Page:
The Abolition of Man
Friday Book Pick: The Abolition of Man by C.S. Lewis
Picking up The Abolition of Man again resurrected a memory of a time in my early
20’s when I declared this my favorite book. Mostly I was in awe of Lewis’ ability to make a crystal-clear case for the natural law without appealing to belief in God. I was smitten by the clarity of his thought and the succinct and compelling way he puts forth his case for what he calls “the Tao.”
In The Abolition of Man Lewis shows that there is a universally-experienced value system which is the measure of right conduct (we would call it the natural law), and if these fundamental values are abandoned or ignored the result is disastrous for mankind—not just for one man or another, but for the whole human race. If man chooses not to be guided by natural law (for example, if he no longer accepts lying, stealing and murder as intrinsically wrong), then the universally held values of honesty, respecting what is possessed by another, and life itself will simply be replaced by other values—values arbitrarily determined by the person in power.
For instance, if we abandon the idea of the right to possess or own, then the stronger person, or perhaps the more cunning person, or the one with better platforms on social media can simply decide to take what belongs to another for a purpose he arbitrarily determines is of higher value. If we abandon the universal value of every human life, then the older person, the more powerful or influential person, gets to decide what subjective value is higher than the value of a life. In other words, Lewis argues that remaining under the natural law allows values to protect people.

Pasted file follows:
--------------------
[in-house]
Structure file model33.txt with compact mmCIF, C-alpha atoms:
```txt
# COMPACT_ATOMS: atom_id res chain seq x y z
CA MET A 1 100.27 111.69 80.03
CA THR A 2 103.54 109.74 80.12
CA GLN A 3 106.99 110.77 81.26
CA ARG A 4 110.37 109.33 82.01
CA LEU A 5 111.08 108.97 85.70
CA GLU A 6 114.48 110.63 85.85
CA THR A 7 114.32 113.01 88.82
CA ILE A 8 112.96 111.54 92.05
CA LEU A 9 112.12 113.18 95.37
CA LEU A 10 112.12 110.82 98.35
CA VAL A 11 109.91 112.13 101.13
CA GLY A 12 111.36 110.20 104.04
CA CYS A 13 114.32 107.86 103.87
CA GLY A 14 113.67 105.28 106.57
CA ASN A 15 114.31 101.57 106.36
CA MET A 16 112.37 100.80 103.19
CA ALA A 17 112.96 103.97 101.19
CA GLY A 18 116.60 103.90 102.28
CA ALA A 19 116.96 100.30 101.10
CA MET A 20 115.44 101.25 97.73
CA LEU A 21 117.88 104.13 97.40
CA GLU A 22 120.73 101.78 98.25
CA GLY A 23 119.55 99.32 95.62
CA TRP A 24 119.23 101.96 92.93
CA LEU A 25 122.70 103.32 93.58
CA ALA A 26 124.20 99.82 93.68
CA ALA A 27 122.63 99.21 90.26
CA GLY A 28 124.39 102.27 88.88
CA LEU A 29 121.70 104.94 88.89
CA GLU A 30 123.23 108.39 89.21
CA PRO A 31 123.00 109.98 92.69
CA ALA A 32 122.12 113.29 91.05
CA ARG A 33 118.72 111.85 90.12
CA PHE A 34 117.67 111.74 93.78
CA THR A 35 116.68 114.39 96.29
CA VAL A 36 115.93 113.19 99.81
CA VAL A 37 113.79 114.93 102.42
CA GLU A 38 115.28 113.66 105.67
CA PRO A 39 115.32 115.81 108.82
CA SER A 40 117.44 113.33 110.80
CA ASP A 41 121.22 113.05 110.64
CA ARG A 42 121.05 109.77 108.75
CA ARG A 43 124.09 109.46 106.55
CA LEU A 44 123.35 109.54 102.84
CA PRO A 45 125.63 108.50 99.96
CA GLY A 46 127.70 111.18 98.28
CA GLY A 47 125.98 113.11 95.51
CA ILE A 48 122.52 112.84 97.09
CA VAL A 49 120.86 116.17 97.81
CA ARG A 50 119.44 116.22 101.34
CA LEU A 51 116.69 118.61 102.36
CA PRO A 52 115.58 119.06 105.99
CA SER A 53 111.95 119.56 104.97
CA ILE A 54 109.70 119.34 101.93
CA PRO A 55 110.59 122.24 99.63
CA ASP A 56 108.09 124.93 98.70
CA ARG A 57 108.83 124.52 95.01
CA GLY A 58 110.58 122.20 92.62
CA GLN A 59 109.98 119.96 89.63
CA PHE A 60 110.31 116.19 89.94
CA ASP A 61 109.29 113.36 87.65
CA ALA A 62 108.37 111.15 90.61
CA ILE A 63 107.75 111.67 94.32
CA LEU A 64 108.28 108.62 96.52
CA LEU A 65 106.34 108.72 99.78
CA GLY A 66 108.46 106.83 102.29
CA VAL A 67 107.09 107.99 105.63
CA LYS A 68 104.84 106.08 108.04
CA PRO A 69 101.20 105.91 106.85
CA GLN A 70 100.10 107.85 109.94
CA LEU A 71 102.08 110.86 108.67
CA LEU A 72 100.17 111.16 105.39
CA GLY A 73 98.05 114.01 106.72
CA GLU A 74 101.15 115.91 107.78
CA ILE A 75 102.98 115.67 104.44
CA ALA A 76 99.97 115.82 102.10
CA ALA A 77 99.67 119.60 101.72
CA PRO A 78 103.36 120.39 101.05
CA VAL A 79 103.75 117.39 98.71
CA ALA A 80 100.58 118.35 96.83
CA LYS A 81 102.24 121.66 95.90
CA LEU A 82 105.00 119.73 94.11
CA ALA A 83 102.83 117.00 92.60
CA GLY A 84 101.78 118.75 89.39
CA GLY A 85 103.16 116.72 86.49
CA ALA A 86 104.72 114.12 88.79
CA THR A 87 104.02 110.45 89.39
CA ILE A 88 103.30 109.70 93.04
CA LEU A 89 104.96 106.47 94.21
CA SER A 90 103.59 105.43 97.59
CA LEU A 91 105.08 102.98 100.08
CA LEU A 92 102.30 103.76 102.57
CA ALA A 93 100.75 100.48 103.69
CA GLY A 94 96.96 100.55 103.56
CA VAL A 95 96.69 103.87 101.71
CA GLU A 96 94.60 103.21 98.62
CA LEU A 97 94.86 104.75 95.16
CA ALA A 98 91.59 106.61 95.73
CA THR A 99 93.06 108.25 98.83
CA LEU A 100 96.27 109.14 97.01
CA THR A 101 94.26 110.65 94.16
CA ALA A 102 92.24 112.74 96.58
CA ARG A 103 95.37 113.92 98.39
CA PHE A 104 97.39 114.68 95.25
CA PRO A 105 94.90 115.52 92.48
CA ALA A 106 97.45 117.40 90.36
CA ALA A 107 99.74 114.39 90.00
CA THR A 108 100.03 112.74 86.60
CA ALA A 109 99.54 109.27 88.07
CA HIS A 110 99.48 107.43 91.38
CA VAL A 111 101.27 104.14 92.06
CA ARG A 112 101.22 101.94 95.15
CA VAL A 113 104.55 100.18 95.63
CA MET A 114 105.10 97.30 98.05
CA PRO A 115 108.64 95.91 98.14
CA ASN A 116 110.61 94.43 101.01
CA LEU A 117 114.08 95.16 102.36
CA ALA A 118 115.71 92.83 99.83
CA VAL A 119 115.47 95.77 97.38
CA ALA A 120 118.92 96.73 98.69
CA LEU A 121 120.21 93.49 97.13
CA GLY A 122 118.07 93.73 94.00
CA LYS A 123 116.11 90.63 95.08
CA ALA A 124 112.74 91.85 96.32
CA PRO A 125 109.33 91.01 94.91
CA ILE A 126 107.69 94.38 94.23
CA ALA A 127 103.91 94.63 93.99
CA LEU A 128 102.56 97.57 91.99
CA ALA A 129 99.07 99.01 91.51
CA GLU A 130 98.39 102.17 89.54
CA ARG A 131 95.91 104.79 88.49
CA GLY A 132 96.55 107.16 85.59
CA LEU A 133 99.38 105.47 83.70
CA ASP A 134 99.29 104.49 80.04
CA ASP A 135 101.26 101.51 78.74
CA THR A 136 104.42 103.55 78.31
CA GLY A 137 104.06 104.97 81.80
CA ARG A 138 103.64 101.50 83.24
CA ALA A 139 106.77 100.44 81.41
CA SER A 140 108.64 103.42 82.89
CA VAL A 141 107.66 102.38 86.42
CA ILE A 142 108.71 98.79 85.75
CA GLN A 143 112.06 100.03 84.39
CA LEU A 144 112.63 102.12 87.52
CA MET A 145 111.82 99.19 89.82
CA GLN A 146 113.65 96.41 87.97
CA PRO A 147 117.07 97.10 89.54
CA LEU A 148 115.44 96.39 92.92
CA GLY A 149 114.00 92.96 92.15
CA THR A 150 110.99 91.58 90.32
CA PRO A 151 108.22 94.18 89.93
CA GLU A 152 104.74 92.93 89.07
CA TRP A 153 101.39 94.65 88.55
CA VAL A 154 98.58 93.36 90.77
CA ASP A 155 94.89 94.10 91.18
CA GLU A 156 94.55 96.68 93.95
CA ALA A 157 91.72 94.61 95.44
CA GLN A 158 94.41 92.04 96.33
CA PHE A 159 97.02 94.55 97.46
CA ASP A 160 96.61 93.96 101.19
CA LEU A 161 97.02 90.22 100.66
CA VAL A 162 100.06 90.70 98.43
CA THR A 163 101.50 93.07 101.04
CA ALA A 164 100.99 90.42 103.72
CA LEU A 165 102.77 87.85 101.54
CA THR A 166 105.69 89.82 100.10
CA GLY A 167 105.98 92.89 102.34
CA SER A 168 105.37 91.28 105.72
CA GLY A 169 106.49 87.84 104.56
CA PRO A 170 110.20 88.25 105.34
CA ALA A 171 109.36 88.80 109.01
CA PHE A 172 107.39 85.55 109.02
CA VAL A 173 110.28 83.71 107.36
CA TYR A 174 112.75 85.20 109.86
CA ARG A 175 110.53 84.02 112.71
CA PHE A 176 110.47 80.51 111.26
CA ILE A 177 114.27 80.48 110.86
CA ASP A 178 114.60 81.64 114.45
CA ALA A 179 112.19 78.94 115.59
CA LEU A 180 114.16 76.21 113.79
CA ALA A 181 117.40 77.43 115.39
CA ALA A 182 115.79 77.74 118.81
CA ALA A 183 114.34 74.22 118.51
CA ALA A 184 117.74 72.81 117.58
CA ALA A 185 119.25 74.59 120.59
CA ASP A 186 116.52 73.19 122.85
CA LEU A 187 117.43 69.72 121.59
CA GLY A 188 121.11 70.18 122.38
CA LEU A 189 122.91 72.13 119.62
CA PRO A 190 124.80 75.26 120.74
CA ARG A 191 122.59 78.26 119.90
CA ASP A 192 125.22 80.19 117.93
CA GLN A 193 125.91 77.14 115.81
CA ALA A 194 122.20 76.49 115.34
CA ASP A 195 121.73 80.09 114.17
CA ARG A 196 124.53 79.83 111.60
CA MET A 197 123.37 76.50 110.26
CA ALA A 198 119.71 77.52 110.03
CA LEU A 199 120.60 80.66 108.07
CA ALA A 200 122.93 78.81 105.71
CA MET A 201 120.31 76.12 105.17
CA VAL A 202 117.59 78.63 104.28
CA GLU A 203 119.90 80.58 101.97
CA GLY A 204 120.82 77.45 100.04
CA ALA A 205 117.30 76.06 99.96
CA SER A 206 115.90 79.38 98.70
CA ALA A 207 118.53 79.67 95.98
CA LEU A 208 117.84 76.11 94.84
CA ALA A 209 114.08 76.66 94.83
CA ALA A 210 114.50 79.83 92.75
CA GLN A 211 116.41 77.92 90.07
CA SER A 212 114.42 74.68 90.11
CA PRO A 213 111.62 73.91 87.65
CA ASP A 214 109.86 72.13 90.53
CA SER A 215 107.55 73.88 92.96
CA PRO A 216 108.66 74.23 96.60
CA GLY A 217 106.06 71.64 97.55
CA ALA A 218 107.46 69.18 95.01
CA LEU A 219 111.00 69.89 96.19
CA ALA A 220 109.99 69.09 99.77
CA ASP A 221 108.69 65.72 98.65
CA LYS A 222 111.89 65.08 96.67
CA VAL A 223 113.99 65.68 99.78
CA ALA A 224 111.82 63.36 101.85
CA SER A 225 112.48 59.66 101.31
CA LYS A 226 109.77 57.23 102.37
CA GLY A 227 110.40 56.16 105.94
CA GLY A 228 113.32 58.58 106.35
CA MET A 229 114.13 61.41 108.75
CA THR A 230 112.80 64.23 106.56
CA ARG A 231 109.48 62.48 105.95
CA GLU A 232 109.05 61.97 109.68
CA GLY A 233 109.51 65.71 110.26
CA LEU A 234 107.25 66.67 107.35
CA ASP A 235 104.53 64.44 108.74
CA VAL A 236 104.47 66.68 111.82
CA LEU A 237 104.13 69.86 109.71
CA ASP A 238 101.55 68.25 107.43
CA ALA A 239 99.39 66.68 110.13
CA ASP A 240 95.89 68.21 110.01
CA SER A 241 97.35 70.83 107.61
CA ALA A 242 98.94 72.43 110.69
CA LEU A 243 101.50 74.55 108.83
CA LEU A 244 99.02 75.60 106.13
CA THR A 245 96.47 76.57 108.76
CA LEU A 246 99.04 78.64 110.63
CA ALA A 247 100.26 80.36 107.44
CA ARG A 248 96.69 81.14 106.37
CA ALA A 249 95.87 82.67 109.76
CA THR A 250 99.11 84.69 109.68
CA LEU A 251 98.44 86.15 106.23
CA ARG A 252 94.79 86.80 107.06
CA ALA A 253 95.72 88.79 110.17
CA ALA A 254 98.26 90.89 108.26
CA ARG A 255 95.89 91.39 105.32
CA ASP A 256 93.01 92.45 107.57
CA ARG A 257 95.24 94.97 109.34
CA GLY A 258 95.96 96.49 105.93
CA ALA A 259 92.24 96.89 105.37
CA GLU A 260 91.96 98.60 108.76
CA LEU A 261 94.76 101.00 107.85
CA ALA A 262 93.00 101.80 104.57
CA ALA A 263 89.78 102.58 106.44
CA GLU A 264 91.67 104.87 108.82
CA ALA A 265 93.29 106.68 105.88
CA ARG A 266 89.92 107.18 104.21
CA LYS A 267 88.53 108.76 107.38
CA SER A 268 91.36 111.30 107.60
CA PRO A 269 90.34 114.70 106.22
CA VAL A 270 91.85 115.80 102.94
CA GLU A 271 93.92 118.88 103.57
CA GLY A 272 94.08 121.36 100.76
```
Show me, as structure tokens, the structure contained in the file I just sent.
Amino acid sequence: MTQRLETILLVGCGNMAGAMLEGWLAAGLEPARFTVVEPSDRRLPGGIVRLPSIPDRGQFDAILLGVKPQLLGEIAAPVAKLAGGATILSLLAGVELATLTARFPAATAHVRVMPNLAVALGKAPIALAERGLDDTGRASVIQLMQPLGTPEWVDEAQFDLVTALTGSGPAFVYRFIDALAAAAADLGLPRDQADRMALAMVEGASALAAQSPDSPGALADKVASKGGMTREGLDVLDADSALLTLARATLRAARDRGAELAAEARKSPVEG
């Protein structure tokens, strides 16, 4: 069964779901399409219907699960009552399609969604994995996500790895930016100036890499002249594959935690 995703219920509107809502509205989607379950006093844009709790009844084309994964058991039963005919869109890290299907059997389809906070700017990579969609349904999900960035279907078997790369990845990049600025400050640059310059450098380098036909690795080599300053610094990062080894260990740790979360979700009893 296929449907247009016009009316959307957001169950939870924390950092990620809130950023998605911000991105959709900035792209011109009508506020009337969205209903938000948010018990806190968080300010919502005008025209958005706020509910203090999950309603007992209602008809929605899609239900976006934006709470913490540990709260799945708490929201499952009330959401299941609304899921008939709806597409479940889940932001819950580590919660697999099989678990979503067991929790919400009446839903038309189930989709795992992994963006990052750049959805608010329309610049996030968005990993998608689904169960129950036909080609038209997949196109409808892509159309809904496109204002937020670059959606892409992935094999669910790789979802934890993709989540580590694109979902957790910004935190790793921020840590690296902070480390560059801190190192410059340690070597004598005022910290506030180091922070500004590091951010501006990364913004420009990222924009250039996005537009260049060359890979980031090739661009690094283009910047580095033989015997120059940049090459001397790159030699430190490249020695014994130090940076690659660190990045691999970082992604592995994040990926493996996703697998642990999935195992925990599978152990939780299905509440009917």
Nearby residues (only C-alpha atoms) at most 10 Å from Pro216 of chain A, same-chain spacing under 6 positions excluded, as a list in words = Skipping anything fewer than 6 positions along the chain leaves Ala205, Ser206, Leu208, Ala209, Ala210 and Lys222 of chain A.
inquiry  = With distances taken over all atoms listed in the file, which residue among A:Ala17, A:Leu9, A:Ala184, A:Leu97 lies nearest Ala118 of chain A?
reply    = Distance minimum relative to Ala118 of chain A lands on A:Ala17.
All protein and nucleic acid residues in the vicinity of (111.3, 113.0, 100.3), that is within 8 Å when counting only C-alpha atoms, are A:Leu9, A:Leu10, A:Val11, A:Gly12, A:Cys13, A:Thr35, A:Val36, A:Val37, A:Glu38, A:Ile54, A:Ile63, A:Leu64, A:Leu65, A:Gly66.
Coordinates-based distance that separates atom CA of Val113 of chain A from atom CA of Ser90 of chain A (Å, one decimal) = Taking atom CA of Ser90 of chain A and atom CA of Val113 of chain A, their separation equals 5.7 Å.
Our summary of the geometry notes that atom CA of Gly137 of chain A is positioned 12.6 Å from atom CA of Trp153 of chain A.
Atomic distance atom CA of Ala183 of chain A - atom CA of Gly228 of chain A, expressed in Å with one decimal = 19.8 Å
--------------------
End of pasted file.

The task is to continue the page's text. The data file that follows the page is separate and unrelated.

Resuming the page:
The Abolition of Man was written in 1944, and to read it in 2021 is like hearing an oracle uttered by a far-seeing prophet. Drawing out his ideas to their logical conclusion, Lewis contends that if the Tao is abandoned, then the next frontier will be deciding for ourselves the nature of man and simply deciding for ourselves who or what we are. Playing the devil’s advocate, he puts words to the position of many: “You say we shall have no values at all if we step outside the Tao. Very well: we shall probably find that we can get on quite comfortably without them. Let us regard all ideas of what we ought to do simply as uninteresting psychological survival: let us step out of all that and start doing what we like. Let us decide for ourselves what man is to be and make him into that: not only on any ground of imagined value but because we want him to be such. Having mastered our environment, let us now master ourselves and choose our own
If man declares himself to be whatever he pleases he next moves to make other men what he pleases and, in the end, we have the abolition of man altogether. This could be food for thought for 21-century Americans caught up in the culture wars. At bottom it is a question of objective reality, right and wrong, life and death. Lewis made a clear, logical argument in 1944 that is more than applicable today—it’s urgent.
This is the fourth in a series on the books by the great English author C.S. Lewis.